Additional public holidays in VIC is ludicrous: R&CA
Peak industry organisation, Restaurant & Catering Australia (R&CA) says the decision to progress the gazettal of two additional public holidays in Victoria will hurt business and cost jobs in hospitality.
Minister for Small Business Philip Dalidakis announced Grand Final Friday and Easter Sunday will be officially introduced via a notice in the Government Gazette this week. This is despite the government’s Regulatory Impact Statement (RIS) indicating the introduction of both public holidays would cost the state economy $898 million in lost productivity.
R&CA CEO said the decision is “ludicrous”.
“The decision to progress the gazettal of both public holidays is ludicrous when the benefits do not outweigh the cost.
“The RIS identified small businesses – particularly those in the hospitality industry – will be the hardest hit as wage costs form a greater proportion of their overall operating costs on these days. Prohibitive labour costs will force businesses to close, costing the state economy jobs and lost tourism expenditure on these days,” Hart said.
“The decision hardly makes good economic sense at a time of rising unemployment, particularly youth unemployment. The Andrews government has not listened to the concerns of small business or heeded the warnings of its own RIS.”
If Victoria does get these two additional public holidays, it will have more public holidays than any other state.
The latest Productivity Commission report, released on 4 August, recommended a flat penalty rate be applied across weekends for the hospitality, restaurant and caf industries – a move which R&CA supports.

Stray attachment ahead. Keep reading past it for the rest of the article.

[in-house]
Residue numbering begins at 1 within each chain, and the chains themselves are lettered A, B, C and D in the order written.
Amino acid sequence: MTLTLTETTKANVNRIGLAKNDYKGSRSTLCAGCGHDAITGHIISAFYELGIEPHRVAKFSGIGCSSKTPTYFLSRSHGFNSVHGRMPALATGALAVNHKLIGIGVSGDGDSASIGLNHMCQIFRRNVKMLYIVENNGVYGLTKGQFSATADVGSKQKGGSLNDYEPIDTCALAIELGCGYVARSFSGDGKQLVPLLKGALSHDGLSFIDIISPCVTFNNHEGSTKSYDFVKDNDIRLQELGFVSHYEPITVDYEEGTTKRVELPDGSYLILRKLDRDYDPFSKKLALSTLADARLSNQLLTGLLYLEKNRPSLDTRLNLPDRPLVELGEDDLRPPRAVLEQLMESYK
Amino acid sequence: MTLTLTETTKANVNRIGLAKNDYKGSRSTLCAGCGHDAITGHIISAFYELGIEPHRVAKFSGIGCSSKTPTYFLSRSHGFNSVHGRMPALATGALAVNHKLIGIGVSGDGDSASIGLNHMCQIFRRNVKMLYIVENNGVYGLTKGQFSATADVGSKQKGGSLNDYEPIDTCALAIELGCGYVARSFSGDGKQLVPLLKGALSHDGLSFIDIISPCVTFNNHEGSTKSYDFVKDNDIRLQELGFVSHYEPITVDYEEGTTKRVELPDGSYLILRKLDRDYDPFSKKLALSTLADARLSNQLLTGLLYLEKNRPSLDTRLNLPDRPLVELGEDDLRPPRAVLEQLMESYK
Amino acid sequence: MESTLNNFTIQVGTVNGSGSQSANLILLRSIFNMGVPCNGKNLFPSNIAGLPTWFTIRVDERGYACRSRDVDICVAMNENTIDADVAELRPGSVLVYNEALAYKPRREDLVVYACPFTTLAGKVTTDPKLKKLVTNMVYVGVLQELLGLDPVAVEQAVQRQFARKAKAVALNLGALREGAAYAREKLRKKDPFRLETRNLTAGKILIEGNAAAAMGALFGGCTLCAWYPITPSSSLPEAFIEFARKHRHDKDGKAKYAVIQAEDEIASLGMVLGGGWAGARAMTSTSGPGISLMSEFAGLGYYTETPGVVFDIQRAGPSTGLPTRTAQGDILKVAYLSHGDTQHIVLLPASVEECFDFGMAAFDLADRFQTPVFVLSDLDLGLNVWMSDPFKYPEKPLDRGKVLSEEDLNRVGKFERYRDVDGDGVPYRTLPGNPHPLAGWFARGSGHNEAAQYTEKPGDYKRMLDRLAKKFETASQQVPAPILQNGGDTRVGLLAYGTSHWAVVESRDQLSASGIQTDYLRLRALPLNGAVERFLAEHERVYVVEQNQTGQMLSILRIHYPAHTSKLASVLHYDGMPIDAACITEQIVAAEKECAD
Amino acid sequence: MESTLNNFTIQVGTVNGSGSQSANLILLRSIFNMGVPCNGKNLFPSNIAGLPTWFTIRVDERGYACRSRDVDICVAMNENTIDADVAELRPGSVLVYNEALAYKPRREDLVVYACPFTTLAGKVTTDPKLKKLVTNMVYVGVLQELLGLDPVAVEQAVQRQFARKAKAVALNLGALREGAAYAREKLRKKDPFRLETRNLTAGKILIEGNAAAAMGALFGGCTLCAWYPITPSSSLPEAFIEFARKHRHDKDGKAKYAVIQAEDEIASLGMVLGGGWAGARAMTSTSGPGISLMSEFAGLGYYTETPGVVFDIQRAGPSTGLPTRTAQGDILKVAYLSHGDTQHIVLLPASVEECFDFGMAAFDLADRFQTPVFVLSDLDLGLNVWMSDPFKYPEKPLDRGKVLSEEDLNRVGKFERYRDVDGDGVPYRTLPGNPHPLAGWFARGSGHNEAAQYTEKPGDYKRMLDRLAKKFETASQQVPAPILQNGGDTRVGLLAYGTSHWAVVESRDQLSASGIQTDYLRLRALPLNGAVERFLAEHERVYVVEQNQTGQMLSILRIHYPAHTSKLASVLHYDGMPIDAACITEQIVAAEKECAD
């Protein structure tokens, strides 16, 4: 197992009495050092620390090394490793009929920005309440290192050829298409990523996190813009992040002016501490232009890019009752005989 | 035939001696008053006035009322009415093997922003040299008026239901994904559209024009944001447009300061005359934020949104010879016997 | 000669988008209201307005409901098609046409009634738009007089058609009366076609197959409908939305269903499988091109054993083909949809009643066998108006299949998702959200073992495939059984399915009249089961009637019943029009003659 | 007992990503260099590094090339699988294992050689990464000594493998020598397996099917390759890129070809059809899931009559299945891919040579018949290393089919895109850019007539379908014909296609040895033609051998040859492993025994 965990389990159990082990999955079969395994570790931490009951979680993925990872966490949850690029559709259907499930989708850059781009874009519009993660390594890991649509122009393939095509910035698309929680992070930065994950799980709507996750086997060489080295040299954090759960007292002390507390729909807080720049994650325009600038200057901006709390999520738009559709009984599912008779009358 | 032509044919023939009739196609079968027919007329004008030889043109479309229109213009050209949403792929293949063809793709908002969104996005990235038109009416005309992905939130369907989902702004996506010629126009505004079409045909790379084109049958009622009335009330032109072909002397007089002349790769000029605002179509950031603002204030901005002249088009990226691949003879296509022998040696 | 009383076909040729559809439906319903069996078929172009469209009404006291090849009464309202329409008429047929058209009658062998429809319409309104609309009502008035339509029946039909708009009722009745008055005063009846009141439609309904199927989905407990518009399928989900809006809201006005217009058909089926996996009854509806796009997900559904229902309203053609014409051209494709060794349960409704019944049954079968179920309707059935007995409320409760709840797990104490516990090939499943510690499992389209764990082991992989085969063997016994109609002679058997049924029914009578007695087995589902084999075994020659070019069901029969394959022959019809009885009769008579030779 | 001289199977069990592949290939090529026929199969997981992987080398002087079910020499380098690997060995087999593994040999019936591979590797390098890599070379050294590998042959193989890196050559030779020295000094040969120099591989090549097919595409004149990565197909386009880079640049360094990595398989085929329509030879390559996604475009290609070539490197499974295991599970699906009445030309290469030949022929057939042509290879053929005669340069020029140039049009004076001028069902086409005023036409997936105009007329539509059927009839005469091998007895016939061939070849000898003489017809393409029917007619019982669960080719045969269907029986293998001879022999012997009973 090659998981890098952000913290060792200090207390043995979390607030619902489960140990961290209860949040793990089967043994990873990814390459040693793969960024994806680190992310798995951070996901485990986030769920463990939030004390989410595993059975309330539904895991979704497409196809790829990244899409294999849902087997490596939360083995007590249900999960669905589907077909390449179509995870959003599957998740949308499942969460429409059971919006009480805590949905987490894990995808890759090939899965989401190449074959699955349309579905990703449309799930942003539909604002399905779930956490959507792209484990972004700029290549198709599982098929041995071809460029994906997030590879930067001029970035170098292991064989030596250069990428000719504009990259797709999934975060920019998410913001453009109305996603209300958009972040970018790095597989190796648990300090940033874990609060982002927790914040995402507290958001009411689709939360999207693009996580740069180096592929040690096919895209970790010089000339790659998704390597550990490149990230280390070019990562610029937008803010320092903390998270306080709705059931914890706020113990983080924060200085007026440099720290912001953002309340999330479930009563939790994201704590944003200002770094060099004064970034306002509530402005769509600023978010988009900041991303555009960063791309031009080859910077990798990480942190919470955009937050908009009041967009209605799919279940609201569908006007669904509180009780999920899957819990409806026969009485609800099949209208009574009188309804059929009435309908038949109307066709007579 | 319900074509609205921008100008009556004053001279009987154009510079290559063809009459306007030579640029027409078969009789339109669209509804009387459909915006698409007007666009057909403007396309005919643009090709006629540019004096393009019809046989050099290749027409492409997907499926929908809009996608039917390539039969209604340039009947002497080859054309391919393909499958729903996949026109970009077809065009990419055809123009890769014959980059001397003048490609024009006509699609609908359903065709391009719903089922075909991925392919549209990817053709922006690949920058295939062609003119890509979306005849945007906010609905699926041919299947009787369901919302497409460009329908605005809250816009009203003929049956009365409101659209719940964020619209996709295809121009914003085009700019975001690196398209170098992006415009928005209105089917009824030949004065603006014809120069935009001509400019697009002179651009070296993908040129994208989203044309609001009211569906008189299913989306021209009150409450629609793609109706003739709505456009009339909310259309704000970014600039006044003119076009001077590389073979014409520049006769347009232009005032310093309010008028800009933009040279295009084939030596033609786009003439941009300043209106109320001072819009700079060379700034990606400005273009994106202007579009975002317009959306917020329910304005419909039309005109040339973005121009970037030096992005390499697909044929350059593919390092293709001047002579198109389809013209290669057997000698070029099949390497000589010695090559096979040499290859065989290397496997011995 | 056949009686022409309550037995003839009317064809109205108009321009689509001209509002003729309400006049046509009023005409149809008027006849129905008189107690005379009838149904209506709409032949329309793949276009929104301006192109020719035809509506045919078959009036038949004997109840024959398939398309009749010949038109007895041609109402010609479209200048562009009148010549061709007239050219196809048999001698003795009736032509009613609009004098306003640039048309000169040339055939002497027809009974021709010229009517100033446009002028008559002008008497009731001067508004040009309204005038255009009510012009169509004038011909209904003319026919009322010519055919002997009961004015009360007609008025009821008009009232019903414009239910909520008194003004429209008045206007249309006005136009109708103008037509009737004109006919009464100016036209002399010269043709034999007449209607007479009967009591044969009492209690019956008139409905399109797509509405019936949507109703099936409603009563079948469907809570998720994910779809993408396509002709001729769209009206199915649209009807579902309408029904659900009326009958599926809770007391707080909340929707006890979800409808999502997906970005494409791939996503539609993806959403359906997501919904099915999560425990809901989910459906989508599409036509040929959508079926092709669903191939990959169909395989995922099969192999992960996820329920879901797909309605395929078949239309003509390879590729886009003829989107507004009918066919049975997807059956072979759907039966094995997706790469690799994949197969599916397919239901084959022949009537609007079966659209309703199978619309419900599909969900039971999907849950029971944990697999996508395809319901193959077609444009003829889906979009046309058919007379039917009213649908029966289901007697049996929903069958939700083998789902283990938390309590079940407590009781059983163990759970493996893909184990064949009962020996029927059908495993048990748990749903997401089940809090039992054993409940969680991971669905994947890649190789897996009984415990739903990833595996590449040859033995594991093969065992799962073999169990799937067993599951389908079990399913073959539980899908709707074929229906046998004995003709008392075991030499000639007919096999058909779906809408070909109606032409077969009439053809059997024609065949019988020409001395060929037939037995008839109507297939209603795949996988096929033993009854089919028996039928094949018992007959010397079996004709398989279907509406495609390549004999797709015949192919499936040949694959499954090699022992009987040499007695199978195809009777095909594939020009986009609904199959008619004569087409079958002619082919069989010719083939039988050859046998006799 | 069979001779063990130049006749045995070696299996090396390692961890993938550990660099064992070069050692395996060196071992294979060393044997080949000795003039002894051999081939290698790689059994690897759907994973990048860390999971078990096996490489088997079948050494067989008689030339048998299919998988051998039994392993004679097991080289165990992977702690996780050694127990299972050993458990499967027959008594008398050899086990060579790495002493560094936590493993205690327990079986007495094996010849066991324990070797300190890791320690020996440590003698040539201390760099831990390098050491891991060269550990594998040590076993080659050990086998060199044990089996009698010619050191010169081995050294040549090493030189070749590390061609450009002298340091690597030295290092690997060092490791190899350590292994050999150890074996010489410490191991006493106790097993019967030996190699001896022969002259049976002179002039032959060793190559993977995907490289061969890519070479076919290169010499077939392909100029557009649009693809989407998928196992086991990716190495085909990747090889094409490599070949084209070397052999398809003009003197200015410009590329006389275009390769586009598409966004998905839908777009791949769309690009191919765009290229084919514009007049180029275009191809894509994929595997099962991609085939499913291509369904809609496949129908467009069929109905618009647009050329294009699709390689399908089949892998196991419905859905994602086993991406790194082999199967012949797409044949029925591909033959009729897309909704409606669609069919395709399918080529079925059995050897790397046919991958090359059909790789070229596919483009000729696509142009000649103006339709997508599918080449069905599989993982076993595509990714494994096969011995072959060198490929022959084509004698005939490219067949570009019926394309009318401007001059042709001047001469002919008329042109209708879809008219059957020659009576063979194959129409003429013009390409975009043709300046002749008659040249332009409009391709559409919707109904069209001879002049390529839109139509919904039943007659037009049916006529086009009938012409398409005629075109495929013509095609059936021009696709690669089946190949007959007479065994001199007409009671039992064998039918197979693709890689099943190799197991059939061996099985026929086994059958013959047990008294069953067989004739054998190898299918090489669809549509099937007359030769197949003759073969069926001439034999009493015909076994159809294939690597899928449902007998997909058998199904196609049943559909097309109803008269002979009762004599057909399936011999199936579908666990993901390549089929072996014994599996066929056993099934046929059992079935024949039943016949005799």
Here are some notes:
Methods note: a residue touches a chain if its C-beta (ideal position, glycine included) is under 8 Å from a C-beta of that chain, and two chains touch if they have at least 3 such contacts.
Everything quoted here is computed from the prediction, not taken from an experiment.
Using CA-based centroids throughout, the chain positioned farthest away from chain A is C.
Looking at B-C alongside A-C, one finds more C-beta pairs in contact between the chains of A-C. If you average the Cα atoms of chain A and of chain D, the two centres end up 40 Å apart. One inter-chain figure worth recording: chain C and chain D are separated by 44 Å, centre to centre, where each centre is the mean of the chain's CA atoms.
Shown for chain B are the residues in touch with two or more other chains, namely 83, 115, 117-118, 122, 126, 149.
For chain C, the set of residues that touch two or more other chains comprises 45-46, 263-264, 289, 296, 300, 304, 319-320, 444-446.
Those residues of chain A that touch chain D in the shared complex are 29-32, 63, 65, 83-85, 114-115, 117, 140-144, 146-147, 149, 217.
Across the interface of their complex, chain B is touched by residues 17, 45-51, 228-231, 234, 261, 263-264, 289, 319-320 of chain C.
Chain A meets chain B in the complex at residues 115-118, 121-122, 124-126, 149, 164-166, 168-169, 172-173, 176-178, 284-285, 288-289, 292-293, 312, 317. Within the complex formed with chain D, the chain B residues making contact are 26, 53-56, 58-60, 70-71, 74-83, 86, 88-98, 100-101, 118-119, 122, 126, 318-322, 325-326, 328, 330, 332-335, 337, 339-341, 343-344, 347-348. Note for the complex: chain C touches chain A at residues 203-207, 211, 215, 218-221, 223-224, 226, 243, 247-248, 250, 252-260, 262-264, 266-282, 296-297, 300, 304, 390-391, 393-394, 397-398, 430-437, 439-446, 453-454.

"If Sunday penalty rates were to be brought into line with Saturday penalty rates, this would immediately result in operators of accommodation businesses employing more staff,” Hart said.
"Lower penalty rates on Sundays would also see the re-opening on Sundays of restaurants and cafes in accommodation businesses because it would be much more affordable for operators to do so. Lower penalty rates on Sundays would be the first step in helping Australia to catch up to other lower-cost international tourism destinations which are on our doorstep.”
Earlier this month Hospitality published an article by Alan Duncan, director at Bankwest Curtin Economics Centre, which looked at whether or not penalty rates are causing foodservice businesses to close on weekends and public holidays. It read “It is true that there is feedback from some restaurants and cafes that they are closing due to the high cost of Sunday penalty rates. However, even when you look at the restaurant and cafe industry’s own survey, only 10 percent of businesses surveyed closed on a Sunday. Of the 90 percent that remained open on a Sunday, more than half did so because they made a profit.”